Stem cells can be acquired in many parts of the body. In a study, the stem cells that were harvested from an 86-year old man show a surprising ability to survive long enough to form long axons on the injured spin in laboratory rats.
The paper suggested that by using induced pluripotent stem cells that were reprogrammed from aging human skin cells, it has an inherent ability to overcome any inhibitory factors so that it could extend axons and form neurons.
A 2012 study produced the same results, showcasing that rat neuronal stem cells can also show the same signs of neuron and axon regrowth. It also pointed out that the generated axons extended long enough within the spines and brains of the rodents, thus restoring some form of movement to the limbs.
Philip Horner, a Neuroscientist, said that the studies presented provide substantial data on axon growth. However, the researchers did point out that the issue here is not that it won’t be effective, but it really begs the question: “how do you control cell growth?”
Stem Cell Therapy for Treating Spinal Cord Injuries
The use of stem cells in the treatment of spinal cord injuries is probably one of the most well-researched ideas in the field of regenerative medicine. Stem cells just hold a lot of promise since it has been shown that when neural stem cells are active, they can extend and create axons across lesions. They would then remyelinate the surrounding axons where partial injuries are present and it would help restore conductivity of the site as well.
If neural stem cells would do this, the researchers would have to make use of immune-suppressing drugs since NSCs would only initiate their effectiveness when given such conditions.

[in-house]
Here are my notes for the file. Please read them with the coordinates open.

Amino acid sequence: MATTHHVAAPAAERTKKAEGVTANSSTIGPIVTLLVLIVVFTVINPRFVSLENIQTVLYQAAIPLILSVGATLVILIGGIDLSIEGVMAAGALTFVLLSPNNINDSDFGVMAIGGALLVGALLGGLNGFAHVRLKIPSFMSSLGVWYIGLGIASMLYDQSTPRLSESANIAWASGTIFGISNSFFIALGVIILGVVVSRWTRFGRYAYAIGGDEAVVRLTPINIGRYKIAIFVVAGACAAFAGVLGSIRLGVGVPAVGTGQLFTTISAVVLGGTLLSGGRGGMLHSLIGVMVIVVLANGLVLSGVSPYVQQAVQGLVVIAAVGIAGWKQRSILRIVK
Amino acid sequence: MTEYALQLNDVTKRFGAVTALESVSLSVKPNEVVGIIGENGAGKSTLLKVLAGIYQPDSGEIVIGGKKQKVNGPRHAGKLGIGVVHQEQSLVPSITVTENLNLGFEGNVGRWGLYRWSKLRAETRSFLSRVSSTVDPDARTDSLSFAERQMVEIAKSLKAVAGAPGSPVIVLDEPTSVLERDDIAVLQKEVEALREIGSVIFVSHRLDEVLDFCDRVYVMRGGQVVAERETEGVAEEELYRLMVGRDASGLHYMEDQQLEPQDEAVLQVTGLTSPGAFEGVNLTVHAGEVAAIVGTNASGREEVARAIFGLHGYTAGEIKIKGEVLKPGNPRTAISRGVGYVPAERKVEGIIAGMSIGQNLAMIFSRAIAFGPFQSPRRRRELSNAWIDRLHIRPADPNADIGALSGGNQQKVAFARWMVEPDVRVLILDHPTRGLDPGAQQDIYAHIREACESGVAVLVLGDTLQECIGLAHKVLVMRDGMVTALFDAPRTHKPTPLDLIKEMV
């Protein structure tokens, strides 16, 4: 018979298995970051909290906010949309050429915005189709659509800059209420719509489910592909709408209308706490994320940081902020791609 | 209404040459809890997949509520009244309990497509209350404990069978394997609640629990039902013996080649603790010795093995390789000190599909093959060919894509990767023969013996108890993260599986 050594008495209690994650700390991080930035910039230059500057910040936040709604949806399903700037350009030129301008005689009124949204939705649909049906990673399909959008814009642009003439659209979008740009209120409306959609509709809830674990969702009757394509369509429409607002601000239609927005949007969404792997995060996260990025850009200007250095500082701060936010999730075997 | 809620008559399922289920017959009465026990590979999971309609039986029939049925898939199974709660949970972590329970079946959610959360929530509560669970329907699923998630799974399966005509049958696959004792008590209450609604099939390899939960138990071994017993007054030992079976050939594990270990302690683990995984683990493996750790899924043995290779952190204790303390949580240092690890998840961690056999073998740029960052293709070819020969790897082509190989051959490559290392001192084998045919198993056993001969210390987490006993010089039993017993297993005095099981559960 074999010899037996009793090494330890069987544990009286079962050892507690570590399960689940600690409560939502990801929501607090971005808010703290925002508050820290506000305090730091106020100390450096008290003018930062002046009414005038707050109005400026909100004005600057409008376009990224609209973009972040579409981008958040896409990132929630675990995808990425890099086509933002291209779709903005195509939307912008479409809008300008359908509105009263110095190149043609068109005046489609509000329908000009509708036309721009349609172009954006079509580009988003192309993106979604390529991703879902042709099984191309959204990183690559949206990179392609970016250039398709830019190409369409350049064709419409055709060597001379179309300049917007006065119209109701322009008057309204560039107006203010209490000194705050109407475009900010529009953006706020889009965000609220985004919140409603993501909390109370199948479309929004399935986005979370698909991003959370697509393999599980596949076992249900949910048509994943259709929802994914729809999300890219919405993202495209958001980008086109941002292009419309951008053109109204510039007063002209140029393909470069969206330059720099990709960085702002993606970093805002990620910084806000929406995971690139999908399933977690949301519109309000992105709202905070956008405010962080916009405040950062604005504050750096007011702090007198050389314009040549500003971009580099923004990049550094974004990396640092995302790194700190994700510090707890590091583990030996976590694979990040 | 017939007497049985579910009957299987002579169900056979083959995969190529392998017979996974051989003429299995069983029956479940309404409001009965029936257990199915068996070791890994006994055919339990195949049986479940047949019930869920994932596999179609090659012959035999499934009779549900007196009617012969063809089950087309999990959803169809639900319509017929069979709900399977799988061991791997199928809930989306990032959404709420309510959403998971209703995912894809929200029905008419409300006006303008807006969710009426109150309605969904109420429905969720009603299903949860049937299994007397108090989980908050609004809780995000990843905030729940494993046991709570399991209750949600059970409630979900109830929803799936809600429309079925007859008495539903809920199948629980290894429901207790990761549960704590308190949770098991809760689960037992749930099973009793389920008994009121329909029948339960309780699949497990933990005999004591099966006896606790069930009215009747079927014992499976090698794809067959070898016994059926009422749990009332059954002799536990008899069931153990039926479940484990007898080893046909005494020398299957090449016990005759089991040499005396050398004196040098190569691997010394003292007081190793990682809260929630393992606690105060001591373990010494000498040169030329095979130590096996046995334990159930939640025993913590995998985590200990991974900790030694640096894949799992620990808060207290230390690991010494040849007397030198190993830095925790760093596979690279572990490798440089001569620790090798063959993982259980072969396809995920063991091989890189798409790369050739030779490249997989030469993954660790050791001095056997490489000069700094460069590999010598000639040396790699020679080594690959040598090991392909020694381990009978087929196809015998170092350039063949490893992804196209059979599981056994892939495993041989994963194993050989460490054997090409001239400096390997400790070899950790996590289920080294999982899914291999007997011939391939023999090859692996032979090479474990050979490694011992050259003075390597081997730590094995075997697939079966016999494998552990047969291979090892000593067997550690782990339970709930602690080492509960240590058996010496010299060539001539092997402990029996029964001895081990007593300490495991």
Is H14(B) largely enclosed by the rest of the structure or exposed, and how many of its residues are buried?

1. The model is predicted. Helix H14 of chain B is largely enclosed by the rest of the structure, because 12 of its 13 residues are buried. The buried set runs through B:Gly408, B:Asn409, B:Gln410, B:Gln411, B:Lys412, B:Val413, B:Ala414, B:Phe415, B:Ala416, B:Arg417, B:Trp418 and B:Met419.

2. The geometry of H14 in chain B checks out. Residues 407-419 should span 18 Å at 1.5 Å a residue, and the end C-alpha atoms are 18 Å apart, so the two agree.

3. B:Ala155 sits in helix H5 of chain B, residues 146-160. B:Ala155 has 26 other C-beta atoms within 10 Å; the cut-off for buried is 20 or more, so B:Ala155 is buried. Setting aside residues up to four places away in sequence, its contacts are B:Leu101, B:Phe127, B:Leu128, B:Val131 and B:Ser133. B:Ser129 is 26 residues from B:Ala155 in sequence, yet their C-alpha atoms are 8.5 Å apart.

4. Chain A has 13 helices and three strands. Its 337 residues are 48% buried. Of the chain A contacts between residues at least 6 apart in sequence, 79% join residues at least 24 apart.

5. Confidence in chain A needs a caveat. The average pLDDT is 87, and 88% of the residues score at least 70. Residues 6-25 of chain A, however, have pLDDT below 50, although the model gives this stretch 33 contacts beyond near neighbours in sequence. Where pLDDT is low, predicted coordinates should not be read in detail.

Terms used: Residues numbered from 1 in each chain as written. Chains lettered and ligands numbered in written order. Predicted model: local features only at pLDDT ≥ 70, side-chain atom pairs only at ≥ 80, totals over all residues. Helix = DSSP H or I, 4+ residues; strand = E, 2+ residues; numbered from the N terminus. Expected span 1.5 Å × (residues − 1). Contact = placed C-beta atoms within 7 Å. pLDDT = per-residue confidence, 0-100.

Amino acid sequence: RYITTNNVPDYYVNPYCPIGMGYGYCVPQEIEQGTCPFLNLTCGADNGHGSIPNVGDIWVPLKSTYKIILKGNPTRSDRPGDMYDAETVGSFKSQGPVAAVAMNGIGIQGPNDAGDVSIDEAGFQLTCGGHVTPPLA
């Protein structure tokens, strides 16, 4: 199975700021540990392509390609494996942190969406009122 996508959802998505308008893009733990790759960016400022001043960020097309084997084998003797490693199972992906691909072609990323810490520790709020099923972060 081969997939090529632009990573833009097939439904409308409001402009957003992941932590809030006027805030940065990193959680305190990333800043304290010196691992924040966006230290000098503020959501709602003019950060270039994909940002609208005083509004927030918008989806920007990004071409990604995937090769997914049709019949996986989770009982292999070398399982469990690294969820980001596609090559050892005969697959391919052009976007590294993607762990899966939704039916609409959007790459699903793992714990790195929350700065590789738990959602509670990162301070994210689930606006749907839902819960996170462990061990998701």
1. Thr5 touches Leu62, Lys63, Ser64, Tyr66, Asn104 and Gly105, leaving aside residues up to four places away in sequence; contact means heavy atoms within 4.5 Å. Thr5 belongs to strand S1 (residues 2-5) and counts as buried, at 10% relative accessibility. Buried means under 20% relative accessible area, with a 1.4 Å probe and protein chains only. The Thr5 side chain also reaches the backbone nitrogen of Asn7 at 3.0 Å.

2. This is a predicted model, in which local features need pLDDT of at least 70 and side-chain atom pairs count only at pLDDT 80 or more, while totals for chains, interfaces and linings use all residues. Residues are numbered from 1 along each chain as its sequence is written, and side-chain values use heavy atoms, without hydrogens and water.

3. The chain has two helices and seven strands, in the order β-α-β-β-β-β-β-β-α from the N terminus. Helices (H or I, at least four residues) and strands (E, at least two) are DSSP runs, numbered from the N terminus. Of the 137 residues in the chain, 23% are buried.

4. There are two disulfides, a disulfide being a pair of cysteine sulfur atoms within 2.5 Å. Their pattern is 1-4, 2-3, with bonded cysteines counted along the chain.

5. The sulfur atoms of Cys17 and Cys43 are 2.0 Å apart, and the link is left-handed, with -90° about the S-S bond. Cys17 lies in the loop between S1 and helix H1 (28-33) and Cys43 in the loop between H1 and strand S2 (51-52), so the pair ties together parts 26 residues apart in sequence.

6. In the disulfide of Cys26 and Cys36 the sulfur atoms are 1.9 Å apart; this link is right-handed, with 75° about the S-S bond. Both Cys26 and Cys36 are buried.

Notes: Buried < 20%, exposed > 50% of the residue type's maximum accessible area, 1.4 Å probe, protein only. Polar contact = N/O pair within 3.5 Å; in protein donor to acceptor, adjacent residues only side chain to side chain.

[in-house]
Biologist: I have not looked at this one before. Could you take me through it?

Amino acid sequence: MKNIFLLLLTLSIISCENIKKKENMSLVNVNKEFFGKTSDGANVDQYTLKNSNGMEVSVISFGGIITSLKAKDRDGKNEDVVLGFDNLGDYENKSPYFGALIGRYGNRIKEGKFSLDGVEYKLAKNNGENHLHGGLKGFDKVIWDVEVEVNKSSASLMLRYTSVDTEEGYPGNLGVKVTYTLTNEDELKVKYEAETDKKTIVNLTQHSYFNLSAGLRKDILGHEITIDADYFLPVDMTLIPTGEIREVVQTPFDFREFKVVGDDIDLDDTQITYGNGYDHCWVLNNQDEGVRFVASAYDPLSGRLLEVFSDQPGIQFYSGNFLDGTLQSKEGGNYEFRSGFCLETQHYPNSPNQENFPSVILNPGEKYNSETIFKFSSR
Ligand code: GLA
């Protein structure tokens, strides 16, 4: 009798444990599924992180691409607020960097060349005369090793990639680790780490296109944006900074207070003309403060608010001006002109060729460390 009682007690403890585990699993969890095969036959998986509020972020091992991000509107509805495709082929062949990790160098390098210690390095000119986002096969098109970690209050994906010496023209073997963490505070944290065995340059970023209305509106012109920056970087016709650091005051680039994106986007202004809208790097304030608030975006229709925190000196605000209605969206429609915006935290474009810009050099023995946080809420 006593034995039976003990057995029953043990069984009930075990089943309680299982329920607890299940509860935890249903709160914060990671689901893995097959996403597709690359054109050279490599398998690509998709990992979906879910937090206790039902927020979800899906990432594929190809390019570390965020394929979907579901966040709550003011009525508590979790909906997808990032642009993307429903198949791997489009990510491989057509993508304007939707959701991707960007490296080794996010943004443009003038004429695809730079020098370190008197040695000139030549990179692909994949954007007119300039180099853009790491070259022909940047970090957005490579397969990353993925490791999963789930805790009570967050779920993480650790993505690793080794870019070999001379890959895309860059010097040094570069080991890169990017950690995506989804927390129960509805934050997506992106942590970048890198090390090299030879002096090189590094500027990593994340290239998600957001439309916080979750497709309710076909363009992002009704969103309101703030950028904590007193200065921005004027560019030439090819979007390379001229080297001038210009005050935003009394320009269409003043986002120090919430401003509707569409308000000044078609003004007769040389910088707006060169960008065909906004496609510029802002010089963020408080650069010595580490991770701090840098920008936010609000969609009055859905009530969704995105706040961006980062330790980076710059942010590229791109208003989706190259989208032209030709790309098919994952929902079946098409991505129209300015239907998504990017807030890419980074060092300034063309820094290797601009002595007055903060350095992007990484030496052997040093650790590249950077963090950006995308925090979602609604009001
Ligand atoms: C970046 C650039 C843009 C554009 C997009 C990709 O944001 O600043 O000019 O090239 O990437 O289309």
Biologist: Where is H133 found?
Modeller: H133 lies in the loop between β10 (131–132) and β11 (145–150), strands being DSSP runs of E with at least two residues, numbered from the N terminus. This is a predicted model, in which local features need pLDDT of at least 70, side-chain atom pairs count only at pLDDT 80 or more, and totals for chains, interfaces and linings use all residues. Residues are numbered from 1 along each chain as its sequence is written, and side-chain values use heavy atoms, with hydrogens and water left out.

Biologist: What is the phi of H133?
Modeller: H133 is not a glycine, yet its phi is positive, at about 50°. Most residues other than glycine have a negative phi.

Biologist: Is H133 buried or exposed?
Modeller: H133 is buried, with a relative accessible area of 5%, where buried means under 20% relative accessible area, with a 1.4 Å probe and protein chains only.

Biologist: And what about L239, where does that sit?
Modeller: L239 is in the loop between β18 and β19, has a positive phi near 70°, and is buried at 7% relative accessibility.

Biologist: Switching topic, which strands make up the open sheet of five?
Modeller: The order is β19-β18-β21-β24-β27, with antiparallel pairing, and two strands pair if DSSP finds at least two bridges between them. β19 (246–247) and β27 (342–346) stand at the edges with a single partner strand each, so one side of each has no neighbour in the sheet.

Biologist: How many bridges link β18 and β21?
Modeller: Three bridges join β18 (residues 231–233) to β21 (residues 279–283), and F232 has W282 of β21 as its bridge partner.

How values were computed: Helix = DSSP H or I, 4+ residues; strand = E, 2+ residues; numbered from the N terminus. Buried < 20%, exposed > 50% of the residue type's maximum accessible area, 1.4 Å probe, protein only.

However, suppressing the subject or host’s immune system might pose a threat to the patients that are already suffering from spinal cord injuries.
Researchers Paul Lu and Mark Tuszynski of the University of California, aimed to circumvent this by using induced pluripotent stem cells instead. The iPSCs that were used were derived from the patient’s own skin. After coaxing it to differentiate, the cells would then be transplanted back into the person’s system.
The neural stem cells that were created using this process would be infused with fibrin matrix along with a bevy of growth factors. The cells would then be transplanted into the rats that have spinal cord damage.
After three months, the transplanted stem cells would start to turn into neural stem cells. In turn, it started to create axons that extend out of the lesion- across long distances. Ultimately, the axons reached the olfactory bulb and then the brain.
According to the authors of the study, the axons pretty much extended the entire length of the rodent’s neuraxis.
Although the NSCs created axons, the researchers discovered that it did not lead to the improvement nor the recovery of limb movements to the spinal cord damage.
Given enough time, further studies would finally be able to use NSCs derived from human stem cells to help repair spinal cord injuries.